PW 2 and PW 3 have given different versions as regards to what was seized from the appellant's car and the colour of the substances seized. PW 2 in his examination-in-chief said "There were two packets, one contained some dark powder substance and the other packet contained white powder substance." Under cross-examination PW 2 admitted, as stated in his statement made to the police, that he recovered three substances from the appellant's car, namely, some white powder in a golden Mahe King cigarette paper, some dark substance wrapped in a piece of silver paper and close to it a piece of small dark substance. In answer to court he said the black piece was with the black powder.
In answer to defence counsel, under cross-examination PW 2 answered in the following manner:
Q. Sir, I put to you that the substances produced in this court are not those which were allegedly taken from you in the accused car, in that it is different and in that, secondly, it is missing.
PW 2's answer was:
Yes, the dark substance itself, and there is another piece of dark substance that is missing, and the powder is not the same colour (verbatim from the record).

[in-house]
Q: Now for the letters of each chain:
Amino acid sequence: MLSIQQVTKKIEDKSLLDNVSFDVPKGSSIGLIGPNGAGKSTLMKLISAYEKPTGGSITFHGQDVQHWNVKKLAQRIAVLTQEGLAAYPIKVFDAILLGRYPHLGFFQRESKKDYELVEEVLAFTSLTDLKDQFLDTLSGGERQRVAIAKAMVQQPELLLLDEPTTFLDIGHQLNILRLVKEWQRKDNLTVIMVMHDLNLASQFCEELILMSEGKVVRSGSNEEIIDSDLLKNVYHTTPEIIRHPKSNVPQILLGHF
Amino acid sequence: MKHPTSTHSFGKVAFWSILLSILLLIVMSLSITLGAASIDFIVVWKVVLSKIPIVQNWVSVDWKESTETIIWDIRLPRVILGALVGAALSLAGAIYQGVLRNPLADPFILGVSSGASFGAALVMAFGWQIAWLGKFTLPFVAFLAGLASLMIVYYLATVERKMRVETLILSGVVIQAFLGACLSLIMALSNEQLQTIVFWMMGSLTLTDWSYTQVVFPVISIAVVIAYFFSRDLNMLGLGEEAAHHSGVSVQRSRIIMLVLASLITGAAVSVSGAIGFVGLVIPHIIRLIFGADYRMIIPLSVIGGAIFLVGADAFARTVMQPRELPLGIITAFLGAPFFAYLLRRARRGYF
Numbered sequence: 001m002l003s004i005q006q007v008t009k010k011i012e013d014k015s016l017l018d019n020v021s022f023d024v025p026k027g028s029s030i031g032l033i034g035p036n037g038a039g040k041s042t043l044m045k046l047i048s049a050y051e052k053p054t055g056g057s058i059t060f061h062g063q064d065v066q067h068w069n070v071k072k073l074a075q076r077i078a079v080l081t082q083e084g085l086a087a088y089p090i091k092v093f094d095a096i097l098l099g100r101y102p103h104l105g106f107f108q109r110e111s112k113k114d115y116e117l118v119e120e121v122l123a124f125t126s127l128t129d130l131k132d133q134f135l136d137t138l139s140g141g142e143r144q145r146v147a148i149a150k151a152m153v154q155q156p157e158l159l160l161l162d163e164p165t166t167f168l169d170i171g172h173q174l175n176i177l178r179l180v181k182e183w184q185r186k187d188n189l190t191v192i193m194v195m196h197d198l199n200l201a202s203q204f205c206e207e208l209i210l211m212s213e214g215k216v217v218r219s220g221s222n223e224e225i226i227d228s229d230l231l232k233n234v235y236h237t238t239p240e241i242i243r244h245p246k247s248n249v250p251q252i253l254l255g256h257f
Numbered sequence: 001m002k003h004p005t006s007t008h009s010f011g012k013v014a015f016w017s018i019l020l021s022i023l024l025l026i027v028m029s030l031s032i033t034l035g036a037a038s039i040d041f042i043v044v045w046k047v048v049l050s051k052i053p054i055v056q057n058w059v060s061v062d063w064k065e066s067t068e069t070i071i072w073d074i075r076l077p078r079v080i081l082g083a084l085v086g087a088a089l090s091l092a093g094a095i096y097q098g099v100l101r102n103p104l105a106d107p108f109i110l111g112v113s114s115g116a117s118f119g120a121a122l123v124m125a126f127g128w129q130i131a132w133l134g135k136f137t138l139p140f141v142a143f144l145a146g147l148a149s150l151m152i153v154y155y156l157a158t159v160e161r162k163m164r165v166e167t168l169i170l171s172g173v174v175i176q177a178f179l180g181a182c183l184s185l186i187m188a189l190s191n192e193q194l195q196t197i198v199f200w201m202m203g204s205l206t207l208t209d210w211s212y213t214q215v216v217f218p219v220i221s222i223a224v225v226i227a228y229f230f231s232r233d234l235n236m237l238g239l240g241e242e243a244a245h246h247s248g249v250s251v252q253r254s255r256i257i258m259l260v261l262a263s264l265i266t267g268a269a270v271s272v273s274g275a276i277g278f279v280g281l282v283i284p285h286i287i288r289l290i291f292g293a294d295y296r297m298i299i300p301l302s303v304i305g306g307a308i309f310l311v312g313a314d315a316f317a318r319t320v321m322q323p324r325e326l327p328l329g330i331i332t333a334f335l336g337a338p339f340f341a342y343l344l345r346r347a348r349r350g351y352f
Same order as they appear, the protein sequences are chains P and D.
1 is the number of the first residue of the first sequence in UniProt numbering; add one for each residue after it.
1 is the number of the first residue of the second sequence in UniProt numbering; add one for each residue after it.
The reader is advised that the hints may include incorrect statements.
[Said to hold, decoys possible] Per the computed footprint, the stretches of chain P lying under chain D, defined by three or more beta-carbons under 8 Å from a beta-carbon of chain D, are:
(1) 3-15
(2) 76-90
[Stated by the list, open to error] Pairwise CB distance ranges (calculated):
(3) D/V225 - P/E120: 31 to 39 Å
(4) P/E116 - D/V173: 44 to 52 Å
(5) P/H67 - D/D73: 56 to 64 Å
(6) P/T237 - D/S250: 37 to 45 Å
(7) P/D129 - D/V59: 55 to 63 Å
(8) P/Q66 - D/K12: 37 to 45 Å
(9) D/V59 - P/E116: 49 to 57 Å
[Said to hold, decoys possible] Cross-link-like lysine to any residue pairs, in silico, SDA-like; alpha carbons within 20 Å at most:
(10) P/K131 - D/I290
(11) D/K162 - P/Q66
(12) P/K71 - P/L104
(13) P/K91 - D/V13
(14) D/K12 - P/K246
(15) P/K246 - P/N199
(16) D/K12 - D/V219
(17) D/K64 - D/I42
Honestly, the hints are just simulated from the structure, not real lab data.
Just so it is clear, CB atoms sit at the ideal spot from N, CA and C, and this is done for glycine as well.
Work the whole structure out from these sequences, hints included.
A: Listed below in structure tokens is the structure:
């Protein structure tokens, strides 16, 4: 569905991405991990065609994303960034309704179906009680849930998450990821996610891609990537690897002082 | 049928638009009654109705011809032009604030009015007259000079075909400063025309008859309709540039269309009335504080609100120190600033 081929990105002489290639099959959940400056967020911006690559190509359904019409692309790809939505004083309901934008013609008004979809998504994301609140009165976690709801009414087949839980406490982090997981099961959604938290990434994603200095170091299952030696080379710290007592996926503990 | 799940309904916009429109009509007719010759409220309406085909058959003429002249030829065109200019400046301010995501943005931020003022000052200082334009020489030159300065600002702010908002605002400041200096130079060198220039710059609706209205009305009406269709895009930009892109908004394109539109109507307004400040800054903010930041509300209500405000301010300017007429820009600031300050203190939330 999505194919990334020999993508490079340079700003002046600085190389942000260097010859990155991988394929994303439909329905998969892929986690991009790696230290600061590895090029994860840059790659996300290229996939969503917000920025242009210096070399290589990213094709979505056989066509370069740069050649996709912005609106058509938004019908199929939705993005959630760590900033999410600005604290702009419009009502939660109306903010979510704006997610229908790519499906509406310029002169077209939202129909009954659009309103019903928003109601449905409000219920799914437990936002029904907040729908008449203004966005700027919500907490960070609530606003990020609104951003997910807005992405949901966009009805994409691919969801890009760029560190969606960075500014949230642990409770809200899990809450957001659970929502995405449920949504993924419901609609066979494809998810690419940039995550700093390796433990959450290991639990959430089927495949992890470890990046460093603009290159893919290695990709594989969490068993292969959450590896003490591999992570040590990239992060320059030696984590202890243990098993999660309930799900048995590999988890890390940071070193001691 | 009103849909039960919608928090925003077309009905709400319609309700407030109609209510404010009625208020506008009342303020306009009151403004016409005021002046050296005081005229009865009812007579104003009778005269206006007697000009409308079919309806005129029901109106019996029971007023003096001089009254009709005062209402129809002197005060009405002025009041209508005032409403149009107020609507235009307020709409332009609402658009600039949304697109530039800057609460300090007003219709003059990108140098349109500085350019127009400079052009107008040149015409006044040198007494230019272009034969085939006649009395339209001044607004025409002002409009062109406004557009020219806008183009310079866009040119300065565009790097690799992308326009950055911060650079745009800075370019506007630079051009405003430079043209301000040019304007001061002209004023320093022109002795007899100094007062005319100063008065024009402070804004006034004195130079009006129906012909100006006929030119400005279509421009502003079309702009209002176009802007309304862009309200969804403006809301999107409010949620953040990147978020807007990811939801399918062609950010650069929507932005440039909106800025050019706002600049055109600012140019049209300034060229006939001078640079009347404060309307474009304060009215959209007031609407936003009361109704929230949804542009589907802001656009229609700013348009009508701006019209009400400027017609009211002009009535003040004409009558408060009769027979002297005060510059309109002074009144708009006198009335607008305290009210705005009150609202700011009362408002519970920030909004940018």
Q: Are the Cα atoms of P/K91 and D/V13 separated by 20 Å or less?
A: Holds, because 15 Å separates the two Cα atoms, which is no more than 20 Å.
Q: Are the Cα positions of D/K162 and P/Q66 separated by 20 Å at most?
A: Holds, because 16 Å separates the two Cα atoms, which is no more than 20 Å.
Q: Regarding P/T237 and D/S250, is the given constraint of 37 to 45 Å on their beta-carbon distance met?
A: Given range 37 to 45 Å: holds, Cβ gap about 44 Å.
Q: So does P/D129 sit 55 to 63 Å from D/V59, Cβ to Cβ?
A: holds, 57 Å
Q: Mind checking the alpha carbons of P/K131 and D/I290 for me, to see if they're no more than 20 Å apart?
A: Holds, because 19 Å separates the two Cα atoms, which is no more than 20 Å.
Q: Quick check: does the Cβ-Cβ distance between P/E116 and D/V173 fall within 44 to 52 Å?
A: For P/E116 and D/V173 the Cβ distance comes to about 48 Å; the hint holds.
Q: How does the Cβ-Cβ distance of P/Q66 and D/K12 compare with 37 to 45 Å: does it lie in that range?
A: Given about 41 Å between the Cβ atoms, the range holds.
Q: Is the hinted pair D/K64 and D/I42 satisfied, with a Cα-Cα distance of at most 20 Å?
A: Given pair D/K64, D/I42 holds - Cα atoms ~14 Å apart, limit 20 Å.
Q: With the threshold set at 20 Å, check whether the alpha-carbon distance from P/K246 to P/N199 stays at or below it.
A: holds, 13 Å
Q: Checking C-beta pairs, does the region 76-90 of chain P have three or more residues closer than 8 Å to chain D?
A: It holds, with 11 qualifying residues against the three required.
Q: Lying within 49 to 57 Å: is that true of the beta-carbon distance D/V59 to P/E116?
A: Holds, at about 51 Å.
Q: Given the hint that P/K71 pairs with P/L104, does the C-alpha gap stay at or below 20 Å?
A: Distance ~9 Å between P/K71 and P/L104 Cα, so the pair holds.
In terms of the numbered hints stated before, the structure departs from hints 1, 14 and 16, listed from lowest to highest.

When called upon in Court to identify the substances seized from the appellant and taken by him to Dr Gobine, PW 2 stated in respect of the white powder seized from the appellant "I can see the colour of the powder has changed, so, I cannot say that it is the same". PW 2 identified the other substance.
PW 3, PC V Sophie testifying before the Court as regards the search of the appellant’s car and the seizure of controlled drugs stated:
It was PC Mousbe who searched the car of Mr. Gabriel; that he searched under the seat and he found a cigarette paper. In the car pocket he removed a piece of silver paper and in this there was some powder and then there was a piece of a black substance which is presumed to be hashish. (verbatim from the record).